Cronkite News crowdfunding campaign builds on industry trends

Cronkite School senior Carolina Marquez sets up a 360-degree camera overlooking Ciudad Juárez as part of the coverage of Pope Francis' visit for Cronkite News Service, on Feb. 14, 2016. A group of students went as part of the school's Borderlands initiative to report on the U.S.-Mexico border and southwest issues. (Miguel Otárola/DD)

The Cronkite News borderlands desk is getting involved with a new trend of journalism crowdfunding in an attempt to raise $50,000 to fund in-depth reporting on border issues.

This method has seen widespread use, from the $2.15 million dollars raised last summer in a lighthearted attempt to bailout Greece to young filmmakers utilizing these platforms, often creating trailers and asking for funding to make full-length features.

Recently, the journalism industry has also begun asking the public for help with more in-depth projects.

According to research from the Pew Research Center, 658 journalism-related projects were proposed on Kickstarter between April 2009 and September 2015, with more than $6.3 million in funding given to those proposals.

In this emerging crowdfunded-journalism industry, individuals seeking the resources for their own investigations pitched 71 percent of projects over the report’s seven-year span. Established media organizations, including ProPublica and the Boston Review, made up 22 percent. Meanwhile, elementary schools, high schools and universities made up the last 7 percent.

The Walter Cronkite School of Journalism will now be adding to that 7 percent.

The project is aiming to spend its $50,000 goal to create more opportunities for students to do journalism on the Arizona-Mexico border.

On Friday, several Cronkite students embarked on a seven-day trip to El Paso to cover Pope Francis’ visit to Juarez, Mexico, with editors of the Cronkite News borderlands desk. These editors are distinguished Latino issues and borderlands journalists Alfredo Corchado and Angela Kocherga, who launched the Cronkite School’s bilingual border reporting program this past fall.

These extended reporting trips are rare for many reasons, but mainly due to a lack of funding for in-depth reporting, Kocherga said. This issue extends outside of universities, as newsrooms have had to cut back on more involved coverage in lieu of breaking news to keep up with the 24-hour news cycle.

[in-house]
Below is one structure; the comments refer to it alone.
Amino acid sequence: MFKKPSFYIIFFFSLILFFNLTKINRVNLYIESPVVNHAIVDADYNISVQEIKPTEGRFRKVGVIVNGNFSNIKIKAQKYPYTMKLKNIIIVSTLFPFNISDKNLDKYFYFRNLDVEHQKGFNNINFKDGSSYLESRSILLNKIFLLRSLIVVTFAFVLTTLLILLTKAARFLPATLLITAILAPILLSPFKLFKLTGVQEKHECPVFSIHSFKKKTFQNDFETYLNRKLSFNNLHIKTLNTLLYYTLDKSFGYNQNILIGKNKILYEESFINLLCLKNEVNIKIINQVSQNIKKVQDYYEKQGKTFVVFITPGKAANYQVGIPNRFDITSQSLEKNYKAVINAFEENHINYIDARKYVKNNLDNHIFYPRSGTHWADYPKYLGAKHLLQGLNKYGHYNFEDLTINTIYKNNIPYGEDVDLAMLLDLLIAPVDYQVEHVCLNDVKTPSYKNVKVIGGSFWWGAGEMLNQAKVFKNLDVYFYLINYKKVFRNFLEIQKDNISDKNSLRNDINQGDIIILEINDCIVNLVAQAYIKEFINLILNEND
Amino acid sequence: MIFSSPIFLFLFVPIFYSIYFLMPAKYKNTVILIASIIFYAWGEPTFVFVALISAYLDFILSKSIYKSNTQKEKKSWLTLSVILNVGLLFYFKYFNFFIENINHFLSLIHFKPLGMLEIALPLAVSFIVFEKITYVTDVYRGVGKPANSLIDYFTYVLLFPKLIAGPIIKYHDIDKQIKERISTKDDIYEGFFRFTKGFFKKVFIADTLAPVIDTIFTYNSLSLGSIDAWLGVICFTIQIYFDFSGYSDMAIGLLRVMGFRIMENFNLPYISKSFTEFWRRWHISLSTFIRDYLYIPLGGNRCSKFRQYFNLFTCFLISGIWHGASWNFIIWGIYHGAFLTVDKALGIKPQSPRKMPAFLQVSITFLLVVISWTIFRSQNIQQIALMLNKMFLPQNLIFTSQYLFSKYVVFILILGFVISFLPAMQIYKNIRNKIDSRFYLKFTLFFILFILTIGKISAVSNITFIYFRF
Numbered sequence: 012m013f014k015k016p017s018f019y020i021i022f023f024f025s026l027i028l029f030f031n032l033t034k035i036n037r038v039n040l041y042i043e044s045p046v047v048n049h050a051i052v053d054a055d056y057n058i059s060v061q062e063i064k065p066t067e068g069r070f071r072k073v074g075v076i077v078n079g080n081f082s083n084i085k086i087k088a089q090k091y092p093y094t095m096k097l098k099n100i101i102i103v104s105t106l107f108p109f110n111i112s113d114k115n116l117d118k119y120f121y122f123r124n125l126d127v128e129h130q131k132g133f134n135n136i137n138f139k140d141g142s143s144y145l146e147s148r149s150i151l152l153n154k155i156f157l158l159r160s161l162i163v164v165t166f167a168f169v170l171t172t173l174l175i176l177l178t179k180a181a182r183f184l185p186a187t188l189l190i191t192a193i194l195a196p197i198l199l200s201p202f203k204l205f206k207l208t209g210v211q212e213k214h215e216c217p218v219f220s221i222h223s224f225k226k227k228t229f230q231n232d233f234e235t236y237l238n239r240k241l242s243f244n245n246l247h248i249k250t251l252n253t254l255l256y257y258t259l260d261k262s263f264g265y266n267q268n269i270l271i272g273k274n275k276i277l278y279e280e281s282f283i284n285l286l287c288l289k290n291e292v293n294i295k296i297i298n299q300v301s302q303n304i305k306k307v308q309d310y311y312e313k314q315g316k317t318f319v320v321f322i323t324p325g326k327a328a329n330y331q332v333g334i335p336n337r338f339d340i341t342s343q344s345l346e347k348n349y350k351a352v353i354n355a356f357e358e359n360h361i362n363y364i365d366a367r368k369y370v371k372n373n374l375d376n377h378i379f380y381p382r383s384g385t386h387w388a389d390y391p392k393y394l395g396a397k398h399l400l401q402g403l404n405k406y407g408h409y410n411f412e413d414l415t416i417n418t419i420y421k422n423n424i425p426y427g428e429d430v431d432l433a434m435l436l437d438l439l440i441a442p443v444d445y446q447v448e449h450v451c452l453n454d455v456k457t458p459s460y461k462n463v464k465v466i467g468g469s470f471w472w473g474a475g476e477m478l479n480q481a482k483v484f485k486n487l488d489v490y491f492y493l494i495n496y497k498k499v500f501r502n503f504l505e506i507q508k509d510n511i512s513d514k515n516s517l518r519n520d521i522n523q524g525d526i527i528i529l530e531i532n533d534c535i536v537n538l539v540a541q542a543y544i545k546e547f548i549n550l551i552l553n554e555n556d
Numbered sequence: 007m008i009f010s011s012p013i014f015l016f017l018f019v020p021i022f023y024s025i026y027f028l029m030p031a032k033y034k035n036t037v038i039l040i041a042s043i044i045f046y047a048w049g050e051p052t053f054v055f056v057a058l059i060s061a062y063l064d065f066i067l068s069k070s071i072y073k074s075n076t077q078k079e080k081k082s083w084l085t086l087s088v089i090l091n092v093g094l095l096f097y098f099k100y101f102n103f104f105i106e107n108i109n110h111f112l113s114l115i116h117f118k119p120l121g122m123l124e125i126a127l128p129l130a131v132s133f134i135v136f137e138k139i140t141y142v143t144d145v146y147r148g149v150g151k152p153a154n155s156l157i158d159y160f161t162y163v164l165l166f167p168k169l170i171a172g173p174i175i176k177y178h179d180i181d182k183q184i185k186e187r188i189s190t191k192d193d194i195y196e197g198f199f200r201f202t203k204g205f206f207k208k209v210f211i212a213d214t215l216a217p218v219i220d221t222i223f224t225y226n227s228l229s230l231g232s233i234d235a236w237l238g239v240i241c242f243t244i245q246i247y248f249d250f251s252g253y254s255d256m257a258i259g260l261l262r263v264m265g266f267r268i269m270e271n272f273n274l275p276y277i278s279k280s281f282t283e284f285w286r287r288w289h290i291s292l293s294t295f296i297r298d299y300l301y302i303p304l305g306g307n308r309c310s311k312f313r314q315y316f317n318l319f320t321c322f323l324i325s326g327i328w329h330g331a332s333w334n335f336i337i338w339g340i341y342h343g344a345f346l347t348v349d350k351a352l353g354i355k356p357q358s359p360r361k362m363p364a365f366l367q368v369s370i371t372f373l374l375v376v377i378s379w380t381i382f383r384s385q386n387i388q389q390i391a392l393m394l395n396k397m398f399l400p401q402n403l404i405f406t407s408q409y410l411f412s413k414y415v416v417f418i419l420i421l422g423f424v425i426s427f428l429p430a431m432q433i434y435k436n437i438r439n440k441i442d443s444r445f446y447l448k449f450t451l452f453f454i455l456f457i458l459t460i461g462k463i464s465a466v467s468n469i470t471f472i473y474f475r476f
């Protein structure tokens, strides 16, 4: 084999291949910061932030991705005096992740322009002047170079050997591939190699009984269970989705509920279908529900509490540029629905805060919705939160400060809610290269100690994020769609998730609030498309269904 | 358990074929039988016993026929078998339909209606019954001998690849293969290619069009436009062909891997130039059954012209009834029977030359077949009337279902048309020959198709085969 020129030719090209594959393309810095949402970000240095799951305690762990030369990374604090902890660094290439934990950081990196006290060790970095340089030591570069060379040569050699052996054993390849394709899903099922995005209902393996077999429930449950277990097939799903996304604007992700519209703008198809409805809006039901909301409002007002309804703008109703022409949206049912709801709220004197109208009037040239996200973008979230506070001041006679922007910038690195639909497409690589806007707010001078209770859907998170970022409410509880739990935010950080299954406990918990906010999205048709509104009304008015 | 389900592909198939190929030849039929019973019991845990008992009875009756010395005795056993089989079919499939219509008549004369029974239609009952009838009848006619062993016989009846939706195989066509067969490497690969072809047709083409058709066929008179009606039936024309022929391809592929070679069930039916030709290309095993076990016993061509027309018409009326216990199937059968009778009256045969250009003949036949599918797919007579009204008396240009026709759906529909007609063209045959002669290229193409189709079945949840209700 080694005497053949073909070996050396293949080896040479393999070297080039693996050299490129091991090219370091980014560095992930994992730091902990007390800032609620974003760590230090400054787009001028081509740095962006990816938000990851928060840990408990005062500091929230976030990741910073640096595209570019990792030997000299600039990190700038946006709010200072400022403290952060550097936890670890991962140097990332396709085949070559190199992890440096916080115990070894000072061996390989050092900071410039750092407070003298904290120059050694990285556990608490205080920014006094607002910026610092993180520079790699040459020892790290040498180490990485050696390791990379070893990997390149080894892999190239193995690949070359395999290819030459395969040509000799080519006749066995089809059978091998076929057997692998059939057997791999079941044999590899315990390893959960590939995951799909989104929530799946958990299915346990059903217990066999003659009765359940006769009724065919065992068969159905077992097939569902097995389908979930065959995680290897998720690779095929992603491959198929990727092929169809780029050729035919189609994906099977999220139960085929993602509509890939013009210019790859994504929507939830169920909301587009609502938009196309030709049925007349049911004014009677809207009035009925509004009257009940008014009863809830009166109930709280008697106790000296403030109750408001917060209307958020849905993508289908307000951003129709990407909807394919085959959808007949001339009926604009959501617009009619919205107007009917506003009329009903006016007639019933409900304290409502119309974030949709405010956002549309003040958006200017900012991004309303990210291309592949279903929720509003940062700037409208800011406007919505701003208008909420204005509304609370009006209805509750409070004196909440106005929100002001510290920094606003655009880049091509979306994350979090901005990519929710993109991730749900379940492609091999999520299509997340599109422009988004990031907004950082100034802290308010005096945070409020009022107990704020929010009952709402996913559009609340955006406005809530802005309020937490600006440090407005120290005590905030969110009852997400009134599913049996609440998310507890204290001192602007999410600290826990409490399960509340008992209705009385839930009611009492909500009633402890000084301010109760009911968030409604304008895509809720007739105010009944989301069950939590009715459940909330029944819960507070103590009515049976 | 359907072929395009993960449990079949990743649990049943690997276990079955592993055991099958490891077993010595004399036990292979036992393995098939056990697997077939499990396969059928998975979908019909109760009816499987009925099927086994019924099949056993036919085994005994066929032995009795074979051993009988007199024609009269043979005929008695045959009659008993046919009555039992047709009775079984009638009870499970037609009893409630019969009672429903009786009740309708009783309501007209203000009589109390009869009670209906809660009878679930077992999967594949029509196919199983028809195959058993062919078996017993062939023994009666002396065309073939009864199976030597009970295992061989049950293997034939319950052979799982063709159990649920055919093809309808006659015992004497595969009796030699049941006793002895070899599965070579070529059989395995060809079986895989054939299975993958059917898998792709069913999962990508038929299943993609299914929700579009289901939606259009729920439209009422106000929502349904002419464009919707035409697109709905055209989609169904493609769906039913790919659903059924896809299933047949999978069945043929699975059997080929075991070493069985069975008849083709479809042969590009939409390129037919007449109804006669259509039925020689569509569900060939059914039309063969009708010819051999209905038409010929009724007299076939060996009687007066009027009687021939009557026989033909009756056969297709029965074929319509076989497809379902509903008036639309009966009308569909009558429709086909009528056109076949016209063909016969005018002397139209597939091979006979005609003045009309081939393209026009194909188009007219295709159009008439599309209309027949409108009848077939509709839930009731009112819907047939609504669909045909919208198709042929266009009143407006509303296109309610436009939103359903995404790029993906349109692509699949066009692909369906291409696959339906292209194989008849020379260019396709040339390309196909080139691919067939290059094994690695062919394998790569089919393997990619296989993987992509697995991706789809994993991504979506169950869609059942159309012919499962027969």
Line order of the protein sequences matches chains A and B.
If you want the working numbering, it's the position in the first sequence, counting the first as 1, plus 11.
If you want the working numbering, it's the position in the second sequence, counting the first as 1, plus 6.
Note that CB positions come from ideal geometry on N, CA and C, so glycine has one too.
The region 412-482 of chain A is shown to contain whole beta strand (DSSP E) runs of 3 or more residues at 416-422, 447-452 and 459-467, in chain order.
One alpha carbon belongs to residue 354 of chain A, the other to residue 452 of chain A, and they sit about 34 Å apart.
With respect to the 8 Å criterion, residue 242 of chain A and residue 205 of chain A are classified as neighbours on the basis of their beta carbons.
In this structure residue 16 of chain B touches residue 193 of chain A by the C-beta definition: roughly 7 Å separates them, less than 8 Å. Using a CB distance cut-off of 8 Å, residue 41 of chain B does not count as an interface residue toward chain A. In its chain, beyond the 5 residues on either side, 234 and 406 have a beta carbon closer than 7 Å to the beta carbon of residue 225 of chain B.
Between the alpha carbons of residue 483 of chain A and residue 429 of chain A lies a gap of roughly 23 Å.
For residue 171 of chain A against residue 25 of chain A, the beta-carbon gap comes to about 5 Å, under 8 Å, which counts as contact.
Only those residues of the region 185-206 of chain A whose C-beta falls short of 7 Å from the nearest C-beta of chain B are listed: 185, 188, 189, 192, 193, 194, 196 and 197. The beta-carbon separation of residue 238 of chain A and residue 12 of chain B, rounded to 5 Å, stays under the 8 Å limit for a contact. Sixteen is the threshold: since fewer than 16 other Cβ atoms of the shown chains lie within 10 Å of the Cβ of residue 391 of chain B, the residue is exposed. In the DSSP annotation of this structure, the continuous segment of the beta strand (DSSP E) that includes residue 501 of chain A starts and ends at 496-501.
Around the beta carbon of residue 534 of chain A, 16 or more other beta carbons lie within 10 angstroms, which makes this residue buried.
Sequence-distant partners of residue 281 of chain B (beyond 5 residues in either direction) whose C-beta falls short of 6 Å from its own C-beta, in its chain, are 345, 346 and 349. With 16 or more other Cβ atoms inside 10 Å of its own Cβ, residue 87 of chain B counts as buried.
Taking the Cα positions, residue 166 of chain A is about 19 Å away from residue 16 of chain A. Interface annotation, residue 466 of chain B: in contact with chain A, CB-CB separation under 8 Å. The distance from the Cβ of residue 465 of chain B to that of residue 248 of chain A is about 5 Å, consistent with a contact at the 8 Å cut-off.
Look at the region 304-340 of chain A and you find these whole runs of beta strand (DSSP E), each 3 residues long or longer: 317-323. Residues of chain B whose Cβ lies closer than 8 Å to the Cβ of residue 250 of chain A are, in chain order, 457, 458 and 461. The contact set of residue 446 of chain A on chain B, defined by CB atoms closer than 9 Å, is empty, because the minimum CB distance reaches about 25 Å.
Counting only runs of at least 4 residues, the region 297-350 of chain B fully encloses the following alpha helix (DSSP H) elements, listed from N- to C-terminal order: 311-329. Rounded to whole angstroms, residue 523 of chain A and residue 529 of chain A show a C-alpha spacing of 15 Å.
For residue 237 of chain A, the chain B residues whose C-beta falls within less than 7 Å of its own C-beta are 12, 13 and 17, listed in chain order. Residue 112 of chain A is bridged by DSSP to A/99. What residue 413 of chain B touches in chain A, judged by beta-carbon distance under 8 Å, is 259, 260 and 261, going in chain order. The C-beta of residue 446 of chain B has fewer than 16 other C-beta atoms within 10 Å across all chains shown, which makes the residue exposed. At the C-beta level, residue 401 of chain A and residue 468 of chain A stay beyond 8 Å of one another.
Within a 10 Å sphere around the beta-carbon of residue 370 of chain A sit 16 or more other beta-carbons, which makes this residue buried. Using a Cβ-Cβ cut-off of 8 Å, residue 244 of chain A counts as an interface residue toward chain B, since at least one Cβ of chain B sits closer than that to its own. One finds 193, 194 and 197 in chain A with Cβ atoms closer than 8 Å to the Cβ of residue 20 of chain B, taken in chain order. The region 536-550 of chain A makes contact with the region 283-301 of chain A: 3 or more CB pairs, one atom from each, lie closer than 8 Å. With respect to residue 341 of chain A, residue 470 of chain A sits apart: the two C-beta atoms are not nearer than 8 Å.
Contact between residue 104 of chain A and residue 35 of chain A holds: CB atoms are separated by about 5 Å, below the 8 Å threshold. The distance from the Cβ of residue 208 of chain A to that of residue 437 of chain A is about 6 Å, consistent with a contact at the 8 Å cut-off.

“Sustainability stories, voter stories, immigration stories … these all get lost in the shuffle when you’re dealing with day-to-day coverage,” Kocherga said.

So when Beacon, a crowdfunding platform dedicated to funding journalism projects by matching donated funds, partnered with the Cronkite School to work toward expanding borderland coverage, the school saw it as chance to jump into a trend that has barely even made its mark on the journalism industry.

“We see this as a way for people to weigh in on what issues they think are important,” Kocherga said. “This could fund different types of coverage that typical newsrooms aren’t covering anymore.”

Eric Newton, Chief Innovation Officer at the Cronkite School, has been spearheading the borderlands crowdfunding effort.

“It makes sense to find out, in the context of a journalism education (following) the teaching hospital model, whether crowdfunding could be a helpful source of revenue,” Newton said. “We wanted to see if a larger crowdfunding project that the entire news organization could benefit from was possible.”

Cronkite News borderlands reporter Chloe Nordquist has been working on the border, focusing on pairing visuals with in-depth reporting.

“In order to cover it properly, you need to be on the border,” Nordquist said. “With the issues that borderlands entails, you need to go and interact with those communities that are being affected.”

Independent news organization the Tucson Sentinel also saw the value in more detailed coverage of the border. In a Kickstarter campaign that ended on January 31, staff proposed photographing every mile of the border to assemble an interactive map. The publication set its goal for $5,000 and raised $13,648.

Currently, the Cronkite School and Beacon have raised almost $36,000 of the proposed $50,000 – about 71 percent of the way to their goal. With nine days left, Newton is hopeful that the school will reach its target.

“The last week is the time for a lot of the contributions. That’s why they have deadlines. It’s now or never,” he said.

Editor’s note: Former Downtown Devil editor-in-chief Miguel Otárola and special projects editor Molly Bilker are reporters with the Cronkite News borderlands team. They did not contribute to the reporting or editing of this article.

Contact the reporter at Kelsey.Hess@asu.edu

Additional reporting by Caleb Manning.